A common objection to utilitarian goals is that the philosophy is too demanding. For instance, it might seem that we should donate all our money to those in need or devote every waking hour toward helping others. This claim is based on a misunderstanding of human willpower and decision-making. The finitude of our ability to make sacrifices for others provides all the explanation needed about why utilitarianism is not excessively demanding.
There is an immense amount of suffering in the world:
- 21,000 people die each day of hunger-related causes
- millions of people suffer from illnesses and depression
- 70 billion farm animals are raised for food each year, ⅔ in factory farms
A utilitarian goal is to reduce as much of this suffering as we can – the more the better.
This leads some observers to complain that utilitarianism is “too demanding”. For instance, it might seem that you should give away all your money to the poor, at least until you become as poor as those to whom you’re giving. Or maybe you should spend every waking hour of your life campaigning ceaselessly against cruelty to animals. These ideas appear too radical, so some moral philosophers claim utilitarianism can’t be right.
Humans have finite willpower
Imagine that you did try to work every waking hour of your life fighting poverty. Perhaps you’d even cut back on sleep so that you could have more waking hours. More hours of work implies more suffering reduced, so doesn’t utilitarianism obligate you to do this?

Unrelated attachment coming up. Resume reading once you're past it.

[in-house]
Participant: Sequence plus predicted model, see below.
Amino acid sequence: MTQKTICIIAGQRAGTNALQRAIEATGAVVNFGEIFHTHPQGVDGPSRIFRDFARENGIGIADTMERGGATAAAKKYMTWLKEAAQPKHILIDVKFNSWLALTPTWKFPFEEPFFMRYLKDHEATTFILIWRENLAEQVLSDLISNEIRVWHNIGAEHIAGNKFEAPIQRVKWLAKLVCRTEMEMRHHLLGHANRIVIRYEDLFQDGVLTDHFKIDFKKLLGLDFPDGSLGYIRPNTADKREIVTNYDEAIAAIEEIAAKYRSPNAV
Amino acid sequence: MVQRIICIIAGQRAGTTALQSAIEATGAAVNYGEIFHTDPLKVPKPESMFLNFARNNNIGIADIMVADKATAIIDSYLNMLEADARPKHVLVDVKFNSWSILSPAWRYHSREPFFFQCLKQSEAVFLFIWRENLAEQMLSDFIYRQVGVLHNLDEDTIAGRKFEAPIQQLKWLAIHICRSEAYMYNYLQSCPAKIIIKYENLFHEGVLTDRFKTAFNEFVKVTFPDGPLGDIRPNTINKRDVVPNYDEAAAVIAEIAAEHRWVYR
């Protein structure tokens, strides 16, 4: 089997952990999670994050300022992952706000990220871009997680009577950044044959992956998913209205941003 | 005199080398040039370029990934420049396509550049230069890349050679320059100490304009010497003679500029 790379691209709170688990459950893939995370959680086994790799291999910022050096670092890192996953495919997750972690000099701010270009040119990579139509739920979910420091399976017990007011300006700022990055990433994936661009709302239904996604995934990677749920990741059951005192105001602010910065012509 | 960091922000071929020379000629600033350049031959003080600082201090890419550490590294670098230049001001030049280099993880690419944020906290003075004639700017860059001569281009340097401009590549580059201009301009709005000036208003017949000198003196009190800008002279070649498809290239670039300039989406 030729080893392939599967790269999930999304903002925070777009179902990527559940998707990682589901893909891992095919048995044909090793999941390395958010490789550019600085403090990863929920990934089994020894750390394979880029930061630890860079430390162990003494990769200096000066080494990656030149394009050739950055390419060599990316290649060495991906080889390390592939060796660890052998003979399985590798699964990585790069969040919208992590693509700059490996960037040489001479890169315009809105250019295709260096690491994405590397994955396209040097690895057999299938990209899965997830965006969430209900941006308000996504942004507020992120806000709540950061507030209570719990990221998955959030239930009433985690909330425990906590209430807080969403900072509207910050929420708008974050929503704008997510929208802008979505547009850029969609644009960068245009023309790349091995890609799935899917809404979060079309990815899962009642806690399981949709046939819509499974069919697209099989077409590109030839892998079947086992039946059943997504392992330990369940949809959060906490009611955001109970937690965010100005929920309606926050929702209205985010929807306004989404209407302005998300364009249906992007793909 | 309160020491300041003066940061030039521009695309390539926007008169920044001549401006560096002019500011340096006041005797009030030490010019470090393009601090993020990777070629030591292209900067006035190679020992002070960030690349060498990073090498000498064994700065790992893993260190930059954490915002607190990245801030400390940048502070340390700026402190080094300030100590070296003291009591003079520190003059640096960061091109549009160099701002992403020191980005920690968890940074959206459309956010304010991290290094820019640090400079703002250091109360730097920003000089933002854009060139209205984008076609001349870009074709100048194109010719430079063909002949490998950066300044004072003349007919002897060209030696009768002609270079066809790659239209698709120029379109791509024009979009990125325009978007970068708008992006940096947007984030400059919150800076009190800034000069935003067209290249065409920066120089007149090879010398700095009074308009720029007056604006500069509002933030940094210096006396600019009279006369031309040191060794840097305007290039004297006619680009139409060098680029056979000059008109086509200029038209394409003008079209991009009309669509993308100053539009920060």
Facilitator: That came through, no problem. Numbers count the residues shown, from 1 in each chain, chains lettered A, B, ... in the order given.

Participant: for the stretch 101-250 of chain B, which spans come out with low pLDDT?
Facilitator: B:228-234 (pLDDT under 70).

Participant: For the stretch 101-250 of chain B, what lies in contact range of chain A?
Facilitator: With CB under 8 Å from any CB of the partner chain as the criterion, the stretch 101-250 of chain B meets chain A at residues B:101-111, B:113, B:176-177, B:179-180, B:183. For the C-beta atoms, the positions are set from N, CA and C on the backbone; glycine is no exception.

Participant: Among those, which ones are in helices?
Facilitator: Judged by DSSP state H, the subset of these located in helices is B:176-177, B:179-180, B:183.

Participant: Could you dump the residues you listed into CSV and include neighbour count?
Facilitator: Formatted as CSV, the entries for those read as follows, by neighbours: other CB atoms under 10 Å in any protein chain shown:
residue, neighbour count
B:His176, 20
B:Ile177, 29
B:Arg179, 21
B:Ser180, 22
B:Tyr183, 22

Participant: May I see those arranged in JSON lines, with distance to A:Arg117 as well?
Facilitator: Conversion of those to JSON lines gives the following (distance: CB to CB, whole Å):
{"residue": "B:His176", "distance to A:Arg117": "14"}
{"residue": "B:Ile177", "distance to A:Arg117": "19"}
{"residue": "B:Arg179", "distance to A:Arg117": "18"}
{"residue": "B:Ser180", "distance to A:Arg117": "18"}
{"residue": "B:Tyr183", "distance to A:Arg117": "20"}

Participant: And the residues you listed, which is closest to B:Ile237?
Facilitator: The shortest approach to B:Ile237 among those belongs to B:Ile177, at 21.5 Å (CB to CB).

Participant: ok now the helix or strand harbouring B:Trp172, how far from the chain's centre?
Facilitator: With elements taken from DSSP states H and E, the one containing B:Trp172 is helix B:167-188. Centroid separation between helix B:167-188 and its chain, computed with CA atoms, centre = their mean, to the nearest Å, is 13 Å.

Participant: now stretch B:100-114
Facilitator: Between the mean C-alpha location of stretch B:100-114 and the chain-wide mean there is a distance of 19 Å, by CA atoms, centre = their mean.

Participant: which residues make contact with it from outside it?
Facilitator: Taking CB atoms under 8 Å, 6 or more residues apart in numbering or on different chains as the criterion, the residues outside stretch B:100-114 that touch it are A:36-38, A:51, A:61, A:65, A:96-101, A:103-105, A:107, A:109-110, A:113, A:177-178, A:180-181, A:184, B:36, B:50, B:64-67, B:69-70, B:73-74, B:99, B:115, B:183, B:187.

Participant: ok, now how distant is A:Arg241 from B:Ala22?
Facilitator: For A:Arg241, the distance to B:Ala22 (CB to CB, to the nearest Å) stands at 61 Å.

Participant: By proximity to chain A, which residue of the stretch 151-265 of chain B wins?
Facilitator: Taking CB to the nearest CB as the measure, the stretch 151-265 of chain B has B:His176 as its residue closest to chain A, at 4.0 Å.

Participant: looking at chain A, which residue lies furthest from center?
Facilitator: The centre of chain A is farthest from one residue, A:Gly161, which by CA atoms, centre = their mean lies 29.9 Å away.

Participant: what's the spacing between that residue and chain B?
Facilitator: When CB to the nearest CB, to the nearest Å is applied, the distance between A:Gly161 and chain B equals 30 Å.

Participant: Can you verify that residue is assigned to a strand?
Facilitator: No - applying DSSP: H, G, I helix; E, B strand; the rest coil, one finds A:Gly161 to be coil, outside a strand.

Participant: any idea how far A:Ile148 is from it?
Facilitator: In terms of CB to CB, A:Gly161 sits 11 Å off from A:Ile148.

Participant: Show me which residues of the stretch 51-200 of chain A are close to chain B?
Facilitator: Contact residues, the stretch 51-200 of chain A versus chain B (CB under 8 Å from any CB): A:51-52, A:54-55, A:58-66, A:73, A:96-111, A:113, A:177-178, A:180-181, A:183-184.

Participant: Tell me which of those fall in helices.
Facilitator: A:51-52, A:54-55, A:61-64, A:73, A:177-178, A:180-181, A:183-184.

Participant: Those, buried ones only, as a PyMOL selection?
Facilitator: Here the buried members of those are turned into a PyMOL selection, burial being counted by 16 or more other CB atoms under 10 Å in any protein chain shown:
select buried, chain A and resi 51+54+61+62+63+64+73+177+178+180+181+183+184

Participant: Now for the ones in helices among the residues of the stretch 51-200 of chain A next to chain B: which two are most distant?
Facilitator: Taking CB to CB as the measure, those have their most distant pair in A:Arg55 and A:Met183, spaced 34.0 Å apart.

Here’s a plausible outcome of this scenario: Two weeks into your sleep-deprived effort, you become exhausted and fall sick. You have to stay in bed to let your body and brain recover. The next day, once you’ve regained some energy, you have a surprising negative feeling toward activism. You can’t explain why, but the thought of working more on your campaign just makes you feel irritated and depressed. You decide to take another day off for recuperation. During that day, you realize how much easier life is when you’re not pushing yourself all the time. You decide, “Screw it! Utilitarianism is too hard. I’ll adopt an easier ethical view that expects less work from me.”
In contrast, if you had taken a more moderate approach to your activism, in which you allowed yourself time for relaxation, friends, sleep, and exercise, you would have been more likely to find the process fun. You would have felt rewarded knowing you were making a difference, and you would have kept up the habit into the long term. After a few months, you would have accomplished much more than your burned-out self did.
Why utilitarianism is not excessively demanding
A common theme runs through many pieces of advice about self-exertion:
- “Slow and steady wins the race” is the moral of Aesop’s The Tortoise and the Hare fable.
- “The best is the enemy of the good” said Voltaire.